Tony Romo is one of the most polarizing figures in the world of sports. Some of that can be attributed to the position he plays, but mainly it's due to the fact that he is the starting quarterback for the Dallas Cowboys. The quarterback for Dallas has a legendary status attached to it because of Don Meredith, Roger Staubach and Troy Aikman.
Due to the history in Dallas, any quarterback that steps in under center will face a lot of pressure. The Cowboys are one of the most storied franchises in sports and the quarterback position has had some great players who wore the blue and silver proudly.
Staubach has been very supportive of Romo and wonders why he doesn't get more respect.
"One of the most important things a quarterback can do is transfer the confidence he has to his teammates so everybody can believe in each other. You can’t do it by yourself. It’s really a mystery to me why people don’t understand how really good (Tony Romo) is. The things he can do and the plays he can make, I’m sure Troy (Aikman) would say the same. I think this team is building to support a great quarterback like Romo. If your defense is doing a great job, you can do a lot of things on offense."
The Cowboys will have a tough decision to make with Romo, and no matter what decision they make, it will be sure to come under scrutiny from the media and fans. So what should the Cowboys do? One conversation starter that has come up during the weeks leading up until training camp is the future of Romo with the Cowboys' organization. After signing a six-year, $69 million extension during the 2007 season, Romo only has two years remaining on that deal.
What should the Cowboys do? Take the jump for more...
Keep Tony Romo In Dallas?
I am leaning towards extending him before his contract ends because Tony is a very good quarterback who can take this team to the promised land. It would make more sense to continue building the roster around the strengths of Romo because we will get the maximum output from our quarterback that way.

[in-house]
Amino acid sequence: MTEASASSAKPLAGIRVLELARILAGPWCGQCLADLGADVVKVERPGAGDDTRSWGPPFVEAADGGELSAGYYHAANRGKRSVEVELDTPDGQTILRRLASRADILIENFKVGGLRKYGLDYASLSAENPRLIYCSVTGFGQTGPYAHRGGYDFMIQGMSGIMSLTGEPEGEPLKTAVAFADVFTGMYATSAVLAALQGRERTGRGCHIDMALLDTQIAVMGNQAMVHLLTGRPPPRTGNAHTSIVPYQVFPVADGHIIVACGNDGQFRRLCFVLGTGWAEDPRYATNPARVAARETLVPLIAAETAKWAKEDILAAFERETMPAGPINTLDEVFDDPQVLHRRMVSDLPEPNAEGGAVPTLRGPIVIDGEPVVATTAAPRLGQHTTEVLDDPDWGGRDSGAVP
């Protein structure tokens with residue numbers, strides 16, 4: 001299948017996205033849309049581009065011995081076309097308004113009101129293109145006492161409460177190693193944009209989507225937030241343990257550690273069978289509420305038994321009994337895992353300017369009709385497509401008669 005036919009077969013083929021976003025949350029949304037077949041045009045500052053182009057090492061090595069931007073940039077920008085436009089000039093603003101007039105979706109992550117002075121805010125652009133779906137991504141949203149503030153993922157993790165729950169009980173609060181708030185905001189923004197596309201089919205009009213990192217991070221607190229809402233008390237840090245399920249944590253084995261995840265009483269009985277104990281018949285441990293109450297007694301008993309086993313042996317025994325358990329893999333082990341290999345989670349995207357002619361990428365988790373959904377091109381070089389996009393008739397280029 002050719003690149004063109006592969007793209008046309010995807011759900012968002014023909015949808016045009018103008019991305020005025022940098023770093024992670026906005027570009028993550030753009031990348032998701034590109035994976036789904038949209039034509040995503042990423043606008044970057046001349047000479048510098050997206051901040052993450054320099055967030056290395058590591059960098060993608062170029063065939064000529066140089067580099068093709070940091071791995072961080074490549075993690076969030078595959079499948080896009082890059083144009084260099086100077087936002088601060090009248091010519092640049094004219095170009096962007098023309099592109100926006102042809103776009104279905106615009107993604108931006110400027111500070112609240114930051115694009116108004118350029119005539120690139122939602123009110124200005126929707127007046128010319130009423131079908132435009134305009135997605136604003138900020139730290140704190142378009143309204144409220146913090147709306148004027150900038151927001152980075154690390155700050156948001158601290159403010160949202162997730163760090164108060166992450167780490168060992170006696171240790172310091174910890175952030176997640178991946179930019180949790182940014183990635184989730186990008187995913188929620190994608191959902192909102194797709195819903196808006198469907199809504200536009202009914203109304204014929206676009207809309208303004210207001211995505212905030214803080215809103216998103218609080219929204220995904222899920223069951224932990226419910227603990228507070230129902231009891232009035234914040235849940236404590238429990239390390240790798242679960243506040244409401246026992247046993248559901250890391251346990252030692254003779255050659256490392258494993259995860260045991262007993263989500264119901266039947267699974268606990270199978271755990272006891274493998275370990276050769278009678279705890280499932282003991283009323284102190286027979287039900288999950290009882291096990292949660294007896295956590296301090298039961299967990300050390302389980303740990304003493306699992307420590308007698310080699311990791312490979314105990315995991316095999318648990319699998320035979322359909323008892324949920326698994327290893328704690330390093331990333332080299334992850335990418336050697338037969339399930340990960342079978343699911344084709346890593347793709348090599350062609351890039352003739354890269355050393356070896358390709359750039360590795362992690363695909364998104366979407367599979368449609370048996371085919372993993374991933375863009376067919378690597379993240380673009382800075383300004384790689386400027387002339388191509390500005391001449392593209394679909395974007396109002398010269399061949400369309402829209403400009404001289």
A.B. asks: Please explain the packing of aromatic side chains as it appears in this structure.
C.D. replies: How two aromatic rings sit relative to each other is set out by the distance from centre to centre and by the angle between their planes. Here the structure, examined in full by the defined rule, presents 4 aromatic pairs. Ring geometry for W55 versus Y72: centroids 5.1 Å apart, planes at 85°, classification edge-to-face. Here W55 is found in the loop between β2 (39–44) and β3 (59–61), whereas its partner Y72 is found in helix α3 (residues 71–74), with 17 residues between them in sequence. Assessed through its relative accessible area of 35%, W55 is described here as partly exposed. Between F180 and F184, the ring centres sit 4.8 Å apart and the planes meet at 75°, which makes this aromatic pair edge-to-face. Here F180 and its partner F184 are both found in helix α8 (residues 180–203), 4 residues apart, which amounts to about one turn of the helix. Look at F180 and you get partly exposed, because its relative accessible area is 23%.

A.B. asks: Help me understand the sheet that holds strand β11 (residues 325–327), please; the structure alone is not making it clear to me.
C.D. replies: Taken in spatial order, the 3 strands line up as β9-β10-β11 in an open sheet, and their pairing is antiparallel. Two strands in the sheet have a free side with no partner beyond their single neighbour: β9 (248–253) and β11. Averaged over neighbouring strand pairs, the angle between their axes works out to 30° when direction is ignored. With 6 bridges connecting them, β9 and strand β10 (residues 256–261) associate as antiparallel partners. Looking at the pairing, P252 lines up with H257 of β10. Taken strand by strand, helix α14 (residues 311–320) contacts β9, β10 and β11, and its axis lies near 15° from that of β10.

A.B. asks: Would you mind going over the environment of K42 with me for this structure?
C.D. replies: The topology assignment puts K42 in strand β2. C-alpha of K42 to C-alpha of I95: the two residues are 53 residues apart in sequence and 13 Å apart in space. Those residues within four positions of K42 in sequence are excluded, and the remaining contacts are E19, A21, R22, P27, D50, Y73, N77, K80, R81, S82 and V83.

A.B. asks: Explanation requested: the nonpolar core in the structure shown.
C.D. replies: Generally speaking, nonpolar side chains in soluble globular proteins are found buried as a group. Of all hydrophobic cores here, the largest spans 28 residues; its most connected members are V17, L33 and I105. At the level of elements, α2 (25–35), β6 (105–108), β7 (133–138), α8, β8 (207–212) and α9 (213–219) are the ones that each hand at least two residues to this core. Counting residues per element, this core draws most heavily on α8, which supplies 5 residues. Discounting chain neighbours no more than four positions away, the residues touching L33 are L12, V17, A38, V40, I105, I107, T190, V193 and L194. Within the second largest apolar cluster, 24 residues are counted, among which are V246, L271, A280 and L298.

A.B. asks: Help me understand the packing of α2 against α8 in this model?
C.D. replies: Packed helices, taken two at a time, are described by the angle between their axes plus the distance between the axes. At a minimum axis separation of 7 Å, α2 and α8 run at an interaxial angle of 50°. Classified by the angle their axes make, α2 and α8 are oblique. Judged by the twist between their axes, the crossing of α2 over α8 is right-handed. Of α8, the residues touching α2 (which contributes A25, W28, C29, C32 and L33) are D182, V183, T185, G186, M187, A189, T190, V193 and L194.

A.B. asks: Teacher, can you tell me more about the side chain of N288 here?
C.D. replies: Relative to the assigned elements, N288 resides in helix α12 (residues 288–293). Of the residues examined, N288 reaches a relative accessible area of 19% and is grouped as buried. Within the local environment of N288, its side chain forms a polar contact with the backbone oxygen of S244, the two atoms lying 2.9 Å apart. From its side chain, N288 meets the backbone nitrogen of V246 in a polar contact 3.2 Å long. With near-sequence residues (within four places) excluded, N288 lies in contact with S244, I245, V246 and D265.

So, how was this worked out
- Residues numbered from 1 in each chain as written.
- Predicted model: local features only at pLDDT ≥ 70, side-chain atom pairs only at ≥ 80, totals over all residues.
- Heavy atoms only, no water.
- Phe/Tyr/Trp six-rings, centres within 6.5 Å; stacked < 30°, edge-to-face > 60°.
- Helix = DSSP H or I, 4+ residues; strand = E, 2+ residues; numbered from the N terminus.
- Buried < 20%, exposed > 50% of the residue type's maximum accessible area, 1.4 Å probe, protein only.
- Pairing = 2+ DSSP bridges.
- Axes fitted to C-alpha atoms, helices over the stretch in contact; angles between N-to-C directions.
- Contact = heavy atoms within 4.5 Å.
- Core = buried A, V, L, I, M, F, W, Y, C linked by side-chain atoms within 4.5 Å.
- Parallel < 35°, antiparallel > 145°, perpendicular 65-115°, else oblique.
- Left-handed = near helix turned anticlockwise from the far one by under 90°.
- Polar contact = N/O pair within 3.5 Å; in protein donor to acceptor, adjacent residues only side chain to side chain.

Since Romo has taken over as the starter, he has had his fair share of talent on the offense, but he has lacked the offensive line needed in order to take the Cowboys to the next level. Obviously he has had great wide receivers, tight ends and adequate running backs, but has Romo ever had the type of offensive line that Drew Brees or Tom Brady has had?
For starters, the scouting department needs to do a better job of evaluating offensive line talent in the draft. They have hit on basically only two lineman recently, Doug Free and Tyron Smith. There needs to be a stronger emphasis placed on acquiring offensive lineman that can protect Tony Romo.
If the Cowboys really want to win a Super Bowl, then they would be best off upgrading the offensive line similar to what they did with the secondary this year. I believe that the front office sometimes is a year or two late on evaluating personnel problems. They were definitely too late on rebuilding the secondary, so it wouldn't shock me to see them finally realize that they need to spend a lot more resources on upgrading the offensive line.
Brett Favre recently did an interview with Deion Sanders for the NFL Network and they discussed how Romo has carried this team.
"It's Dallas. And much is expected. But he's carried those guys, man. I mean, I'm watching last year, and I like Tony. And I like the way he plays. I think at times he's underrated."
Favre apparently believes Romo has to deal with teammates who aren't fully plugged into the Dallas gameplan.